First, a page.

In a tightly split vote, the South African Reserve Bank (SARB) Monetary Policy Committee (MPC) voted to leave the repurchase rate unchanged at 8.25% at its September meeting, with three committee members voting for no change and two voting for a 25-basis point hike. The post-announcement commentary from the Governor and his MPC members was decidedly hawkish, highlighting upside inflation risk in the near-term and the continued data-dependence of forthcoming policy decisions. Notwithstanding the risks, particularly those posed by loadshedding, fuel price hikes, and sustained rand depreciation, we now expect a prolonged pause in domestic interest rates before a gradual cutting cycle commences in the first half of 2024.

The moderation in domestic CPI towards the midpoint of the target band will limit immediate room for further interest rate tightening by the MPC, but still-elevated inflation expectations in the US, Euro area and domestically, as surveyed by the Bureau for Economic Research (BER), will likely contribute to a continually hawkish MPC.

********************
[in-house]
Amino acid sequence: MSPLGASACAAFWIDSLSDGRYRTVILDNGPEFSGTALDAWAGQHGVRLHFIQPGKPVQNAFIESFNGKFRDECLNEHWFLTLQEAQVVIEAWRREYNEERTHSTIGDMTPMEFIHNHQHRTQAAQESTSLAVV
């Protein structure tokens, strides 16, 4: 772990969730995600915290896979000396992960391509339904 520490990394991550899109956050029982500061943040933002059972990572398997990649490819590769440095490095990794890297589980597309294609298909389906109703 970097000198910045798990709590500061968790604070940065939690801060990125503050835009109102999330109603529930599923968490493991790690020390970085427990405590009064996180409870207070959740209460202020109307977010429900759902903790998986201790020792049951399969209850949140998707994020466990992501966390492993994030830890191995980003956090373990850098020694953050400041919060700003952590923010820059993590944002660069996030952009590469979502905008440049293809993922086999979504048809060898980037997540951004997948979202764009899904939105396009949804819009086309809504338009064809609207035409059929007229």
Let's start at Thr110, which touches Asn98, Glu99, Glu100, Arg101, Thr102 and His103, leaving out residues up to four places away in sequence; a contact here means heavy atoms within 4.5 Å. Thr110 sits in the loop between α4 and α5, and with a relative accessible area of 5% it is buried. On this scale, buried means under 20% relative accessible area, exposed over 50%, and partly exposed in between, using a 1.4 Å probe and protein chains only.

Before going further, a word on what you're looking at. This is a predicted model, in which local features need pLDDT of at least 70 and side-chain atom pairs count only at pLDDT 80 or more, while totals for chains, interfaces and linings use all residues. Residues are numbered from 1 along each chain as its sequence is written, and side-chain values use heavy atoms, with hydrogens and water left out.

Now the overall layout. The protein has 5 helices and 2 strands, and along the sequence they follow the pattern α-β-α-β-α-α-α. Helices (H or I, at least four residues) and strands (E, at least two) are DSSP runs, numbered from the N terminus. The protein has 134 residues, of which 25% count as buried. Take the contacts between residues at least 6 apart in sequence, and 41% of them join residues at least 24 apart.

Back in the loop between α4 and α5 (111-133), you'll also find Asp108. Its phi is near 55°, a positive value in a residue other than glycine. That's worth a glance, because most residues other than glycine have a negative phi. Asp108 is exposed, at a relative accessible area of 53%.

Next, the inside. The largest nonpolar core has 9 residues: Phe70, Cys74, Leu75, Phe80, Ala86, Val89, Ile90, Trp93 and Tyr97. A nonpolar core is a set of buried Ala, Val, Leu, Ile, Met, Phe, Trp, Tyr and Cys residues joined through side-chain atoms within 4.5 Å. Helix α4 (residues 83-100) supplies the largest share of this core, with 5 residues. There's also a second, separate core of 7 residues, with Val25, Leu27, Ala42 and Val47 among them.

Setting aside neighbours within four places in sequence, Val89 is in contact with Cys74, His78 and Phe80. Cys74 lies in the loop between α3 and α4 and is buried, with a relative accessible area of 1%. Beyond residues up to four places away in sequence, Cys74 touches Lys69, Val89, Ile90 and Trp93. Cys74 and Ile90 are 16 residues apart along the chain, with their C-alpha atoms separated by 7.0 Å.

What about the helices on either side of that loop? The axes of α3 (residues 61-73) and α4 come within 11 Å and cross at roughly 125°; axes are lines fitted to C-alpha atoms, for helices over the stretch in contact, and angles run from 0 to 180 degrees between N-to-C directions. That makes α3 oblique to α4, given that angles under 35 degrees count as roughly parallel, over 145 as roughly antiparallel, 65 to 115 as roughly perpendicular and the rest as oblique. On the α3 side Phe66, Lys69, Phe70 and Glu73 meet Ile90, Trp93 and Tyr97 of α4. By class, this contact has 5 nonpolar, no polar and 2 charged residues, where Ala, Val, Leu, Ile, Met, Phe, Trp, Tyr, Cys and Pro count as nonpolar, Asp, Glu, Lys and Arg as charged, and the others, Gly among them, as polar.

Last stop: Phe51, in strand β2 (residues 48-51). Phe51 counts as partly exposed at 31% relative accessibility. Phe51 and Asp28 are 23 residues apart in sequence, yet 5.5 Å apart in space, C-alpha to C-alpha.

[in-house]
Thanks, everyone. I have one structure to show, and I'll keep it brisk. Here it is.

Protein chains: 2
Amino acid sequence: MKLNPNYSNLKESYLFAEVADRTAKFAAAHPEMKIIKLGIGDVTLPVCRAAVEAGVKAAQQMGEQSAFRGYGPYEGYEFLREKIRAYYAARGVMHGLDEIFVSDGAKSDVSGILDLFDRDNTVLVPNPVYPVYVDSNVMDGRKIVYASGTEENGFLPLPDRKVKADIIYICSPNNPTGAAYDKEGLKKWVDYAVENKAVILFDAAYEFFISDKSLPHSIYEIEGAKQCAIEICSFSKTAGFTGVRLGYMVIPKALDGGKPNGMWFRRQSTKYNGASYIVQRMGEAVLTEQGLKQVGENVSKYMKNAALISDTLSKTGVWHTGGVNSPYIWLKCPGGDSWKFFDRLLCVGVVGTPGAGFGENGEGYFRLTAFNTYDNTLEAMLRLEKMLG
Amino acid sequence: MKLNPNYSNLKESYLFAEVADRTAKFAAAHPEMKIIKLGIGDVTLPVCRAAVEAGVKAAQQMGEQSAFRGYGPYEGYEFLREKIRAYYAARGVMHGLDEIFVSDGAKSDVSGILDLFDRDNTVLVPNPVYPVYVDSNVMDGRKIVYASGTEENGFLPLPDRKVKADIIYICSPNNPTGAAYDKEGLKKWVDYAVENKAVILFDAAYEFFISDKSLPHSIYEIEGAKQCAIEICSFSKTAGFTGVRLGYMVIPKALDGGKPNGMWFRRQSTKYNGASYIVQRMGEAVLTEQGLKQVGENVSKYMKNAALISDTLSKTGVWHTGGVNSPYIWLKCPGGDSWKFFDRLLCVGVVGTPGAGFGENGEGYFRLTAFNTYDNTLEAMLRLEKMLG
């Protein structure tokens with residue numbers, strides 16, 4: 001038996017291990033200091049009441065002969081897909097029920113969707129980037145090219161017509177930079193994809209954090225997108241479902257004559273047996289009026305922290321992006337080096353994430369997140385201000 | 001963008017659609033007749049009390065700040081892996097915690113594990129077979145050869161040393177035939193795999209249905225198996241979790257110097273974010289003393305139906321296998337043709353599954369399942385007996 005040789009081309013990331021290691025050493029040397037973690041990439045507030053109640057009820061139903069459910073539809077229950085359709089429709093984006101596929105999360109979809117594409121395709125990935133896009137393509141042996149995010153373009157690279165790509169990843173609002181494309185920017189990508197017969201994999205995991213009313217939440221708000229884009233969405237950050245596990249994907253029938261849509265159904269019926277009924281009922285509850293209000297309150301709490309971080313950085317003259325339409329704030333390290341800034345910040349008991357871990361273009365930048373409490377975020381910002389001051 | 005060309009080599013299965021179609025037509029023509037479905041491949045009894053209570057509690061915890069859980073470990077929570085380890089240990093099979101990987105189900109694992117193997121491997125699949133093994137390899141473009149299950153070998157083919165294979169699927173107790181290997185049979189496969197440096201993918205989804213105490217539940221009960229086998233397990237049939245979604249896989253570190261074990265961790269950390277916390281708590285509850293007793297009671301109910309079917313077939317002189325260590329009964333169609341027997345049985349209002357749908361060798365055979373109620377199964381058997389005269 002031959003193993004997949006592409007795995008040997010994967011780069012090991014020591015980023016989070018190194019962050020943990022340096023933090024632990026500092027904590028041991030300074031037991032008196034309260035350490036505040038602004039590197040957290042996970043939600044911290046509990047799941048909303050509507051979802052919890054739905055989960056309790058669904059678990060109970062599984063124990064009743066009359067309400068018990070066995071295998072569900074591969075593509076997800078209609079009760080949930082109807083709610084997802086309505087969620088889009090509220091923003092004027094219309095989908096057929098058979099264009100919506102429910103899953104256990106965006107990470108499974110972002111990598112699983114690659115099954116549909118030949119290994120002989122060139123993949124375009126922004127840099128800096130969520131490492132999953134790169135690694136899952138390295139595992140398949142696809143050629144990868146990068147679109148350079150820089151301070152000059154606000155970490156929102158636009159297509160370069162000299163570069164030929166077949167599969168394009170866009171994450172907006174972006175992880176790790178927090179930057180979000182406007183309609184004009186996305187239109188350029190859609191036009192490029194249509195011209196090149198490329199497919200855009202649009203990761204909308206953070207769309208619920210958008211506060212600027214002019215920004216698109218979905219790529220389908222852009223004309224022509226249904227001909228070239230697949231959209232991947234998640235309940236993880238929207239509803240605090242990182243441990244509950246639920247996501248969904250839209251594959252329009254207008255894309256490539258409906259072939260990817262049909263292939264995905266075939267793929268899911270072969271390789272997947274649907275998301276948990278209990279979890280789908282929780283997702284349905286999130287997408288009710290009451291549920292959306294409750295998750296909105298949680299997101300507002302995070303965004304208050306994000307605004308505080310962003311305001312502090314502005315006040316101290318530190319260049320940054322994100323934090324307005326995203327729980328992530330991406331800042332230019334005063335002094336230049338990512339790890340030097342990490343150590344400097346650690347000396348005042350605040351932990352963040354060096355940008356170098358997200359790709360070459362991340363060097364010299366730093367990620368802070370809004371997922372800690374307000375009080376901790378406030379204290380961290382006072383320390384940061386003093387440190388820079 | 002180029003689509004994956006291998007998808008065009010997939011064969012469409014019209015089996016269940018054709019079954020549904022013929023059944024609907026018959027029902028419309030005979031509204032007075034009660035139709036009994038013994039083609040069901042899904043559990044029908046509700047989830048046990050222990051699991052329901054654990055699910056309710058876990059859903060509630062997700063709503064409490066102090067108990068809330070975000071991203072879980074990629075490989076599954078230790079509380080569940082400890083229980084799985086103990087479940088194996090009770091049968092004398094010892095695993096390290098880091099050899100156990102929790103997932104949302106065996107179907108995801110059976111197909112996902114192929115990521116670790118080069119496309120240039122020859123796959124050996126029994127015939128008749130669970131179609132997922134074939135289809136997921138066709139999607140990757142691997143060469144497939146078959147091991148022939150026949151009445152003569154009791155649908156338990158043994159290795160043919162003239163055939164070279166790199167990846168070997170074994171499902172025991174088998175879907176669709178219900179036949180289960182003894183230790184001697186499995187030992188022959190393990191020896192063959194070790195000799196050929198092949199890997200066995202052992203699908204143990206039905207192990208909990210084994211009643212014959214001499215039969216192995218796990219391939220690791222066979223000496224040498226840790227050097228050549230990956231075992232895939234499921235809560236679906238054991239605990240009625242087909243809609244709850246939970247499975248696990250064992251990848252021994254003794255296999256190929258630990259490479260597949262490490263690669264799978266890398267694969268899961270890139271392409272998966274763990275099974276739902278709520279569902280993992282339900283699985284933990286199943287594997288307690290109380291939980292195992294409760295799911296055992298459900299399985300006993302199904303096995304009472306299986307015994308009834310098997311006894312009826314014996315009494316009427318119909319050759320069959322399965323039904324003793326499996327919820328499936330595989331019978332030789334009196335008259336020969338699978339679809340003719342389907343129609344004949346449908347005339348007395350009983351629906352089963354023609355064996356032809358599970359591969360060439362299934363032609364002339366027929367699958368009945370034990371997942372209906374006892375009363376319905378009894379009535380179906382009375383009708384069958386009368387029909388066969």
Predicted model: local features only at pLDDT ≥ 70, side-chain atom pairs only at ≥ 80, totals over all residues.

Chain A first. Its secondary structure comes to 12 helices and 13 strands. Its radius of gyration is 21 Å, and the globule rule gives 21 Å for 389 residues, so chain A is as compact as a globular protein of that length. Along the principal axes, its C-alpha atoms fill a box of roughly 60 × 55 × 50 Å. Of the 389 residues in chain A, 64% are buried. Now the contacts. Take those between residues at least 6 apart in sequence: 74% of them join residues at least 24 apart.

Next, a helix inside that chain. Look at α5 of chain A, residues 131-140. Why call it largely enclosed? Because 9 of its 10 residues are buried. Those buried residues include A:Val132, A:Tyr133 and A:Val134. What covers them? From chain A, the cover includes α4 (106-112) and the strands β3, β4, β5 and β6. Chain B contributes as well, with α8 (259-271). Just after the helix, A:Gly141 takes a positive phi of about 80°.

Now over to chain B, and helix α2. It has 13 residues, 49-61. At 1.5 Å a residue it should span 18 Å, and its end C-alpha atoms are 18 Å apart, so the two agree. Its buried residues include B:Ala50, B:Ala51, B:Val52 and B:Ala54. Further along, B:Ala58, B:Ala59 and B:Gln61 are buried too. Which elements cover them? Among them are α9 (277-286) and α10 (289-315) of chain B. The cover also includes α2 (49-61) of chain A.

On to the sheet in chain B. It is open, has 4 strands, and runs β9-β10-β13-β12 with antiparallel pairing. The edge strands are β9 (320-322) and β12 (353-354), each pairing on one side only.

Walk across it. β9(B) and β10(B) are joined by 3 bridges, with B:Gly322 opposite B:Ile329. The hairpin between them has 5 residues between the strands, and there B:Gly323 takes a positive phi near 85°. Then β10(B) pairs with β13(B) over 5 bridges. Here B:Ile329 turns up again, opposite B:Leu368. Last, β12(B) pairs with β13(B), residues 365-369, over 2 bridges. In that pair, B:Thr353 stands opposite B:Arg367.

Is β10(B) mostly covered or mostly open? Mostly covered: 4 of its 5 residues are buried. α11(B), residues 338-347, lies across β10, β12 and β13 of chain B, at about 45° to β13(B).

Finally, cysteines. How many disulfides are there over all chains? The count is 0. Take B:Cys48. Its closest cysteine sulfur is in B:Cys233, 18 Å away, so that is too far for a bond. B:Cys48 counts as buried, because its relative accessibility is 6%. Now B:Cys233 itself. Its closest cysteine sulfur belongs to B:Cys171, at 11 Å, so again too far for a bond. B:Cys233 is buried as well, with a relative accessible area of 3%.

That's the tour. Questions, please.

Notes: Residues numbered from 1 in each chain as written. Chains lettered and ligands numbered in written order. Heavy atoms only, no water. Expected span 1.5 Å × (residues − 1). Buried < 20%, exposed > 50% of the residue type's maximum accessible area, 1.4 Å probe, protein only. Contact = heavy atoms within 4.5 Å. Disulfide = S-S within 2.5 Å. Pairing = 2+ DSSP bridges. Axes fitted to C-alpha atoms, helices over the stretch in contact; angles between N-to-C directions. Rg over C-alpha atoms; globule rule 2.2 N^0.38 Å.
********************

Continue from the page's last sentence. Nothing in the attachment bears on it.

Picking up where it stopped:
The combination of a hawkish MPC, unlikely to cut interest rates quickly or materially, and relatively sticky headline consumer price inflation above the midpoint of the inflation target band in the months ahead will contribute to an elevated and thus restrictive real monetary policy rate in the medium-term.

Local economic activity paints a mixed picture in the quarter